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J Clin Endocrinol Metab. 1986 Aug;63(2):418-23.

Clinical and biological phenotypes in late-onset 21-hydroxylase deficiency.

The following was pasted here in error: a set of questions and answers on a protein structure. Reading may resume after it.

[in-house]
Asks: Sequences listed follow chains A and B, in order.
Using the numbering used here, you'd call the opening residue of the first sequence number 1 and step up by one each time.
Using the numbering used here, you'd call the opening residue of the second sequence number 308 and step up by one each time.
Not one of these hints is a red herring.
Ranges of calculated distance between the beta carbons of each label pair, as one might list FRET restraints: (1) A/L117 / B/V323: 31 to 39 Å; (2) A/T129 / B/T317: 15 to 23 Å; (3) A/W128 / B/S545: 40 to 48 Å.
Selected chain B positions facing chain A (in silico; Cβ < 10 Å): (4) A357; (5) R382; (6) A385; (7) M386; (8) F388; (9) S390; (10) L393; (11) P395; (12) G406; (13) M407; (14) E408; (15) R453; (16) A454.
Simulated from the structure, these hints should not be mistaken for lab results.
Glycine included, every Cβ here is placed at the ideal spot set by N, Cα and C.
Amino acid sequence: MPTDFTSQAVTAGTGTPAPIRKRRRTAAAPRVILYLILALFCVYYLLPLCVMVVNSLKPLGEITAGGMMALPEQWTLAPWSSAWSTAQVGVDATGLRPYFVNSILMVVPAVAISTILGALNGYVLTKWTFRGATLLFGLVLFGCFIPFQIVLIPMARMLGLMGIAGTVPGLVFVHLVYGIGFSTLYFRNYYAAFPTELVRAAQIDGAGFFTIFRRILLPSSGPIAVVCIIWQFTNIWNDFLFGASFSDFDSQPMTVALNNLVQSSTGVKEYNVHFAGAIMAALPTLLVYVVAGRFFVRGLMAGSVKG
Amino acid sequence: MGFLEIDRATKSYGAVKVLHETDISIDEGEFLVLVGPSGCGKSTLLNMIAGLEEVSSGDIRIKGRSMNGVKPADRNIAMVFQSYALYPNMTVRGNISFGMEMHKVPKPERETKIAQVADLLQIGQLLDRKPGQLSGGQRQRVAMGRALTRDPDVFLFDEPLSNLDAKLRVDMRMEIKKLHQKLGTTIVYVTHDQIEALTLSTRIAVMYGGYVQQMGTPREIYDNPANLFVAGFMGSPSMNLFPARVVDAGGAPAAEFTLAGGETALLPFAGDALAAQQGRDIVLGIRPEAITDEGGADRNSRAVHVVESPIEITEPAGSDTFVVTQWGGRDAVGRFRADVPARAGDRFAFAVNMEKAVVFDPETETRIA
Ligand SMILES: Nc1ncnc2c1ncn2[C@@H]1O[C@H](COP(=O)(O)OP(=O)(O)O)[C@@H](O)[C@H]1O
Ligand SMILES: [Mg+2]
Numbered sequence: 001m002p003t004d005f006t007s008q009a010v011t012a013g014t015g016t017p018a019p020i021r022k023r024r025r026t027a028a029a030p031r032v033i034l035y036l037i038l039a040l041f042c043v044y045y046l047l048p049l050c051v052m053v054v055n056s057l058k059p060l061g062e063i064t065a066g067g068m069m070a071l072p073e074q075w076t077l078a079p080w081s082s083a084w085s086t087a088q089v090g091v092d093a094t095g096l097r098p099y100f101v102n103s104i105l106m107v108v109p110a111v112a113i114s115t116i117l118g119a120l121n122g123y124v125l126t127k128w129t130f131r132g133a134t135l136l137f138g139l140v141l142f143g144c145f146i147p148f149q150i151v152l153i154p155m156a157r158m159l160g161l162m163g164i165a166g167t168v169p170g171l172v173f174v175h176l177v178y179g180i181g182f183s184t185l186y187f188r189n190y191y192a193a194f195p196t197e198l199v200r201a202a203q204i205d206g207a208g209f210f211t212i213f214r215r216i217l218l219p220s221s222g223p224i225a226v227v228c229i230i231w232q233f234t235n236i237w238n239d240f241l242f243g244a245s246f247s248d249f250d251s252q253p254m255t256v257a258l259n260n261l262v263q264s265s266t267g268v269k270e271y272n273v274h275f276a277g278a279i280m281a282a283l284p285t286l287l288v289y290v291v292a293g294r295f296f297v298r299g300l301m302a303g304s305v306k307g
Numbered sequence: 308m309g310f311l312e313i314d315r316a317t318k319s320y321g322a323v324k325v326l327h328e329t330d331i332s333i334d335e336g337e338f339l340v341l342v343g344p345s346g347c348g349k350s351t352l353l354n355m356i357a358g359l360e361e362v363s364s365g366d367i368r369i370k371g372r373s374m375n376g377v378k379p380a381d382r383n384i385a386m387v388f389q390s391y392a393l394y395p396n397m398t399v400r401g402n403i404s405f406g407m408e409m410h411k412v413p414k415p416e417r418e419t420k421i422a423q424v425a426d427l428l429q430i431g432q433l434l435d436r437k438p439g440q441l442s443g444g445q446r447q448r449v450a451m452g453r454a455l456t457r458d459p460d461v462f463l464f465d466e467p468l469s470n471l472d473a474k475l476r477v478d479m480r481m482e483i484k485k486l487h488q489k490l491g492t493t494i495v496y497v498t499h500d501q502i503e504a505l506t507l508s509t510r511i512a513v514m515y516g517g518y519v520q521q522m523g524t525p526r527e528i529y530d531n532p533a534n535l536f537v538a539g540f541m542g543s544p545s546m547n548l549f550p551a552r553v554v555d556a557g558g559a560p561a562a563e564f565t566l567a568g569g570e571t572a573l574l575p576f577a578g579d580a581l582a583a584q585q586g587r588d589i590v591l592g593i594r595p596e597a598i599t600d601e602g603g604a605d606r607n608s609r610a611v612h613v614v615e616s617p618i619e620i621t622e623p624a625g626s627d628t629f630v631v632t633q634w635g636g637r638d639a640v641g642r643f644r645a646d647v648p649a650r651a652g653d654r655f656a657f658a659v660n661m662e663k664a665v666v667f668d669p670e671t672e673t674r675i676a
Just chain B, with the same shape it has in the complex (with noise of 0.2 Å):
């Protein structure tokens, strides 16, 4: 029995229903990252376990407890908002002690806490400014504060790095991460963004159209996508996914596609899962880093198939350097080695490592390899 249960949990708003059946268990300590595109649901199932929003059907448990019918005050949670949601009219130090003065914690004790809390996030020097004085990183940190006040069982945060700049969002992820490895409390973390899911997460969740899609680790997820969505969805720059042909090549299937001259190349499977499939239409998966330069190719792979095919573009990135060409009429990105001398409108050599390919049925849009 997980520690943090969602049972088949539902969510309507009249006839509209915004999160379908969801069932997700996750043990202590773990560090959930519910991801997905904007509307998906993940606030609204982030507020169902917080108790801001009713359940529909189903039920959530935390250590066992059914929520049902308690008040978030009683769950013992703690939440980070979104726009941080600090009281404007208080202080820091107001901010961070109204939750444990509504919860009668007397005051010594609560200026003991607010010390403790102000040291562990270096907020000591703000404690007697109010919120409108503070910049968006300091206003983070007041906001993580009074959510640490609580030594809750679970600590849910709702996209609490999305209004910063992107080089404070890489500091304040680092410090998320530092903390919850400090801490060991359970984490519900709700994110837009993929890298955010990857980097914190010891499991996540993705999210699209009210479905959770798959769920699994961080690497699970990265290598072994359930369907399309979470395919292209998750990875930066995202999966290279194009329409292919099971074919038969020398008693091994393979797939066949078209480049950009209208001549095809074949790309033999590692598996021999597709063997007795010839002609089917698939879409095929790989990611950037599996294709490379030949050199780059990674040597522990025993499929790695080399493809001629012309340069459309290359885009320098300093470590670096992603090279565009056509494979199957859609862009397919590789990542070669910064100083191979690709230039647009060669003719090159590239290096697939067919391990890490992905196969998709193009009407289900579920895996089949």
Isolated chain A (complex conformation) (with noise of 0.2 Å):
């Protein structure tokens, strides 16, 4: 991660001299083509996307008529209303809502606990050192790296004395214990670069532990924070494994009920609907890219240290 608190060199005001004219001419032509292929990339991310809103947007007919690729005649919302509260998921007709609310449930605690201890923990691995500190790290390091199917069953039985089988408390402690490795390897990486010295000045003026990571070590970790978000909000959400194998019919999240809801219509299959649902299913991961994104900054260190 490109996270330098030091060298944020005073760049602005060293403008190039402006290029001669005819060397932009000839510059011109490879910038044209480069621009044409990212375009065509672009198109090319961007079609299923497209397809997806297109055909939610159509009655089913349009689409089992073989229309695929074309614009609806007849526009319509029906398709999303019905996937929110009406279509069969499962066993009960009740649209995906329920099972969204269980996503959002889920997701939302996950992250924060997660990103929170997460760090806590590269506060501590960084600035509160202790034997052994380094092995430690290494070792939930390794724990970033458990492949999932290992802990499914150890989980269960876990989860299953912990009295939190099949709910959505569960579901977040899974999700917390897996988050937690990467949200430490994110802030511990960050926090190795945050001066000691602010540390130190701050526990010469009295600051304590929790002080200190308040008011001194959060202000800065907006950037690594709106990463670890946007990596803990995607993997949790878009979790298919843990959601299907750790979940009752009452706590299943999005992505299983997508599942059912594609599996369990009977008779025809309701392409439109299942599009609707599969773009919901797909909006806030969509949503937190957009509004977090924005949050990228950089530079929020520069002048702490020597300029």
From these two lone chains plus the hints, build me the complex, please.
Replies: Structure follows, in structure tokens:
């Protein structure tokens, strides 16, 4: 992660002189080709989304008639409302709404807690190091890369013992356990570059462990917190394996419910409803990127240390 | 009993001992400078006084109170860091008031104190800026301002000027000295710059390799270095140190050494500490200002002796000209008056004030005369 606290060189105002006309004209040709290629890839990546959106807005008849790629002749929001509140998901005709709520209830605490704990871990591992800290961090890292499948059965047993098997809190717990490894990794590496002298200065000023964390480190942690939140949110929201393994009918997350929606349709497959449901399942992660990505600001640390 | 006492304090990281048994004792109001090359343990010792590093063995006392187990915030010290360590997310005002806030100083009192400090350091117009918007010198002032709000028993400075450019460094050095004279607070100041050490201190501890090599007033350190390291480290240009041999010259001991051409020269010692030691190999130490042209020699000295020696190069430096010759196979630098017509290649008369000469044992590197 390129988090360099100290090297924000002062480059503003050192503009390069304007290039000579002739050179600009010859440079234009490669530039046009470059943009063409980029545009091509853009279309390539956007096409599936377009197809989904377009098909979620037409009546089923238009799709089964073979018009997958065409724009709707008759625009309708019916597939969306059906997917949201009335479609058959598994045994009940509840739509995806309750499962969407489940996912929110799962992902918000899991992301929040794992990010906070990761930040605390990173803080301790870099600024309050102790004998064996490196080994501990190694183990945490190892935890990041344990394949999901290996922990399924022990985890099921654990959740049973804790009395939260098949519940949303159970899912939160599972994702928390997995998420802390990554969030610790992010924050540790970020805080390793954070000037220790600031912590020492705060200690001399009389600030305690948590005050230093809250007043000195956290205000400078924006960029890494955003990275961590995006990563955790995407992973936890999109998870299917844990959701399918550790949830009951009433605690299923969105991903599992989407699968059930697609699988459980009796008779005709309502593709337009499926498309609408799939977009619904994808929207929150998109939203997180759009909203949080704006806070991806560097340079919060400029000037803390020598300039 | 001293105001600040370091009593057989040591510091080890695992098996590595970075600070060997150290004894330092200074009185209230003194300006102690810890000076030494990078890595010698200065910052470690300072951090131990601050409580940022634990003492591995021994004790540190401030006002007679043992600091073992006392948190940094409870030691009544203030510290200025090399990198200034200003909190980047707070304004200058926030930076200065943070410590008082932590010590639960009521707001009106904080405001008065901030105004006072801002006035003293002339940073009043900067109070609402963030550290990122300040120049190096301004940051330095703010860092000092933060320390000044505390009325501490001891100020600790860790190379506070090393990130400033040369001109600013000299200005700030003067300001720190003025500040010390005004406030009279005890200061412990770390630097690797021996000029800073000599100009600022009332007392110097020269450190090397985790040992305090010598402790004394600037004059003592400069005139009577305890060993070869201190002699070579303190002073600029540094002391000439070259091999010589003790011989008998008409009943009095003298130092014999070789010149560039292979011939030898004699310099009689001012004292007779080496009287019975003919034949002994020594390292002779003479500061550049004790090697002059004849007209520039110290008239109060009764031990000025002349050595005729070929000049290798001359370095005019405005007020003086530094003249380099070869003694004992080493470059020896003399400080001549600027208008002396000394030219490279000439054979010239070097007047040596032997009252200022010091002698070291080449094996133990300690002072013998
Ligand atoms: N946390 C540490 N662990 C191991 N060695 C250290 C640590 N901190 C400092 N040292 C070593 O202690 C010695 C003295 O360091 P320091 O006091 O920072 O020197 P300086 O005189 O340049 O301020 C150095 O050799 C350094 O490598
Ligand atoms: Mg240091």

We analyzed data from 20 patients with late-onset 21-hydroxylase deficiency (LOHD). Three clinical phenotypes could be distinguished among the 18 women. Seven (39%) presented with clinical features suggesting polycystic ovarian disease (PCOD). However, despite androgen levels similar to those of patients with typical PCOD, high serum LH to FSH ratios were not consistently found. Seven other women (39%) presented with isolated hirsutism, suggesting idiopathic hirsutism. The remaining 4 women (22%) had no manifestations of androgen excess and were considered to have the cryptic form of LOHD. Serum 17-hydroxyprogesterone (17-OHP) and androgen levels were similar in the 3 phenotypes, suggesting that the clinical expression of LOHD in women is modulated by individual factors, such as androgen sensitivity. The 2 men were detected by family study and were clinically normal. Since clinical diagnosis of LOHD is impossible, we concentrated on hormonal data with the aim of providing guidelines for the biological diagnosis of LOHD. Assay of basal serum 17-OHD at 0800 h in both sexes and in the early follicular phase in women was sufficient to establish the diagnosis of LOHD in most patients. If doubtful results are obtained, i.e. serum 17-OHP levels between 2 and 5 ng/ml, an ACTH test must be performed. Post-ACTH serum 17-OHP levels exceeding 10 ng/ml confirm the diagnosis of LOHD. Such results should avoid confusion with heterozygotes for 21-hydroxylase deficiency, whose frequency is high within the general population and may be even higher in patients with idiopathic hirsutism or PCOD.

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